Once your property is lost, these other creditors can come after you personally for the balance of what you owe them.

In some cases the additional creditor is the same lender as your first mortgage lender, so even if the lender waives the right to a deficiency judgment on a first mortgage, they may pursue ALL of the money owed on a 2nd mortgage after the property has been lost in Sheriff's sale.

 

There are several ways to avoid a Sheriffs sale after the foreclosure judgment has been entered. Here are some of those ways.

 

  • Full Payoff - Either by selling or refinancing your home. The ENTIRE judgment amount plus interest must be paid in this case. Most people in foreclosure cannot qualify for a loan to refinance, but there are rare instances where it is possible.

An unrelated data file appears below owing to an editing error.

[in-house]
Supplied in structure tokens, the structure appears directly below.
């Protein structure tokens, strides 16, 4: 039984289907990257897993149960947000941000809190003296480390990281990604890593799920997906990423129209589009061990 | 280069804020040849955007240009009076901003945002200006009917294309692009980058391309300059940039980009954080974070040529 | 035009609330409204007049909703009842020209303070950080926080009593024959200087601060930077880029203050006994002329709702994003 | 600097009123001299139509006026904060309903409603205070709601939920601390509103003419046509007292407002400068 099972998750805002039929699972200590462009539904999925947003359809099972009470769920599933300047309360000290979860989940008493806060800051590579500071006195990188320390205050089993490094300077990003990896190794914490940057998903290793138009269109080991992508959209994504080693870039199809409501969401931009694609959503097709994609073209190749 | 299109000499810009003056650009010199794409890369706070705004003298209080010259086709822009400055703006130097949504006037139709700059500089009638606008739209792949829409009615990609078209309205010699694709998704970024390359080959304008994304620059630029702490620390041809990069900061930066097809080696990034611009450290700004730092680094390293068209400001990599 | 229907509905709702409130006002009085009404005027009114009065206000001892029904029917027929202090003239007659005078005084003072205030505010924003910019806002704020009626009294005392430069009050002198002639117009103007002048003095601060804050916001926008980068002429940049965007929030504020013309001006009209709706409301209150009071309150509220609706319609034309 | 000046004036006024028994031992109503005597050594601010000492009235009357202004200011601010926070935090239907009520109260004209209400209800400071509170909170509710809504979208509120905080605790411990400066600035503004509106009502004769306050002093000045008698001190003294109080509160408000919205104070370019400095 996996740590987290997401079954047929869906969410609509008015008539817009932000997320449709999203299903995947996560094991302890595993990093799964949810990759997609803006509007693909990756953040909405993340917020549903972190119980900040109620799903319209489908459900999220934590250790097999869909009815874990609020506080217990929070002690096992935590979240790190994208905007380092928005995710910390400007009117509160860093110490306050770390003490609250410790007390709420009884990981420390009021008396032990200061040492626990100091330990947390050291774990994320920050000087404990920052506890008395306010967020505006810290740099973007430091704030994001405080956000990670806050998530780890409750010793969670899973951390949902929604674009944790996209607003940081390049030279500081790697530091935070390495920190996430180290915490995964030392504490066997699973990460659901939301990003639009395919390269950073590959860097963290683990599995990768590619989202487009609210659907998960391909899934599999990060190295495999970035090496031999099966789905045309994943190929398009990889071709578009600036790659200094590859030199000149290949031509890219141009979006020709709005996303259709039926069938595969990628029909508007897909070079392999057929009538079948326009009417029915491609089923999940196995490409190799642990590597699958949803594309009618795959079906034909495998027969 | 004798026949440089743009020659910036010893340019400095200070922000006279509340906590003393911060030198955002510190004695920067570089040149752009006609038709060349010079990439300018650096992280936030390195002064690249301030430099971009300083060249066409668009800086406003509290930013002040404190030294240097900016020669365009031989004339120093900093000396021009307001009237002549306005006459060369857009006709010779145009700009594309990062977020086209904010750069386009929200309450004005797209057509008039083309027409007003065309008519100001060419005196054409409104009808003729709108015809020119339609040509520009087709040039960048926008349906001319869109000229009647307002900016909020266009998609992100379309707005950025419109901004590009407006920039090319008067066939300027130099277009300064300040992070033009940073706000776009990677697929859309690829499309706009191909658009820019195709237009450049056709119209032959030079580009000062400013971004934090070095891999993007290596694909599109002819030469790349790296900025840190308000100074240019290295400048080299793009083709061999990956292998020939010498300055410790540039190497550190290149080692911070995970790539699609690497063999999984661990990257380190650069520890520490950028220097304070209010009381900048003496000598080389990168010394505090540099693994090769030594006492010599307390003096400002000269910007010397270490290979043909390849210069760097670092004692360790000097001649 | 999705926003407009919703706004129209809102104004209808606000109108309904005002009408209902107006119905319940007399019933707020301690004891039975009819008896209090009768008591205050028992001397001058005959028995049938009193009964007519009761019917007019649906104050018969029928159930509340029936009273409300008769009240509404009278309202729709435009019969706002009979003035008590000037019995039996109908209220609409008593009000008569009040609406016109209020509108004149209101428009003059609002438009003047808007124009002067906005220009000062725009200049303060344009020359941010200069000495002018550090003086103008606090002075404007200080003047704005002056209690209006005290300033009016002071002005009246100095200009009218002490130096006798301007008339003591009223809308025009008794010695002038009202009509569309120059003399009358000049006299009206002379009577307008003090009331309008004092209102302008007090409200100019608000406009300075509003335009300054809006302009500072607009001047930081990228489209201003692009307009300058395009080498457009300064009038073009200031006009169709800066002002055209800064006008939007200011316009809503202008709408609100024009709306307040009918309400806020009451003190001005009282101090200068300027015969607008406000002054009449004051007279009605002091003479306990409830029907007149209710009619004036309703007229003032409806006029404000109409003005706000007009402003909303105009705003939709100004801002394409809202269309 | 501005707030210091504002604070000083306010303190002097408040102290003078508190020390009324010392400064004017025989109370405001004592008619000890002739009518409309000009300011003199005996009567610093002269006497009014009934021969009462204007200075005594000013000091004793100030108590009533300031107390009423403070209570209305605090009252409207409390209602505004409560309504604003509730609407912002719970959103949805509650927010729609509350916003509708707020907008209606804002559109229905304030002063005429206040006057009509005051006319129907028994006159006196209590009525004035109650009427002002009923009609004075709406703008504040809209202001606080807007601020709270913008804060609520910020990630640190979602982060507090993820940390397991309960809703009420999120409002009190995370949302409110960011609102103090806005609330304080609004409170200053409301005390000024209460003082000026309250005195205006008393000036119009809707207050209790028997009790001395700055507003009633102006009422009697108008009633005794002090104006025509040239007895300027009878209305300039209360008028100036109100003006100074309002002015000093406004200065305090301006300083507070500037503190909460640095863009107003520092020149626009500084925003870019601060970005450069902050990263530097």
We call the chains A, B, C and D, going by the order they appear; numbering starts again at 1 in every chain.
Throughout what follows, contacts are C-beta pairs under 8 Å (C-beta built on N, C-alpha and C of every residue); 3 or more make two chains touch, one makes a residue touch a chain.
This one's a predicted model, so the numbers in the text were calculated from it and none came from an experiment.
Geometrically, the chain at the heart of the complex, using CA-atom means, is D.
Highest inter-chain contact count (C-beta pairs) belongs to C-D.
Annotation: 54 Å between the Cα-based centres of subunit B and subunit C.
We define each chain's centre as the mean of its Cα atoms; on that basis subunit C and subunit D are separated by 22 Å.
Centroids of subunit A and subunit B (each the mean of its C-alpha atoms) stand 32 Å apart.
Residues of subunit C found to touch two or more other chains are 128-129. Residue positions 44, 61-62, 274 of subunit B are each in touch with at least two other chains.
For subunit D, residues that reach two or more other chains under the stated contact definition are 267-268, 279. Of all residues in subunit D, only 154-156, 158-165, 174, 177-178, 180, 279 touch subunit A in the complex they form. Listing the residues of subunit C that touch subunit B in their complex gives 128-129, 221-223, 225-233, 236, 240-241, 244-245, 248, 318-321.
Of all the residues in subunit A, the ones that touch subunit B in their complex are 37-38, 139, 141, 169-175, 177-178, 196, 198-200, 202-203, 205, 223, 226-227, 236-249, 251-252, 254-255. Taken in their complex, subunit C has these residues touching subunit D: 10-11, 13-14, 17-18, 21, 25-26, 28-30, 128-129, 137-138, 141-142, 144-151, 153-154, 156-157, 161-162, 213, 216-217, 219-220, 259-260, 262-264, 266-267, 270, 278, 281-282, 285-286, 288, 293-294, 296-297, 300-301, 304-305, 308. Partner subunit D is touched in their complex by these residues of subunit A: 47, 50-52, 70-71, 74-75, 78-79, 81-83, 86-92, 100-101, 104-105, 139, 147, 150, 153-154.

• Loan Modification/Workout -  Sometimes a lender will offer an alternative solution. This typically takes a large payment upfront and increased monthly payments until caught up. Also the lender may not be under any obligation in an agreement such as this to cancel, or move to dismiss the existing foreclosure suit. This means that if the workout agreement is violated in the future, the Sheriff's sale can be rescheduled much more quickly.

 

  • Short Sale - If you can demonstrate that you have sold your home for the highest possible amount, and you have no other assets to give the lender, you may be able to get the remainder of the amount owed to be forgiven by both the first and second mortgage lenders.

 

  • Bankruptcy - a competent bankruptct attorney can tell you whether or not this solution can help with your situation. If your income qualifies, a Chapter 13 may allow you to keep your home, and pay off the arrearage and other bad debt over time.


 

For more information, or a confidential consultation on your particular situation. Use the REQUEST HELP NOW link to the left, or call us at (262) 925-3881. Make sure to ask for  Ralph.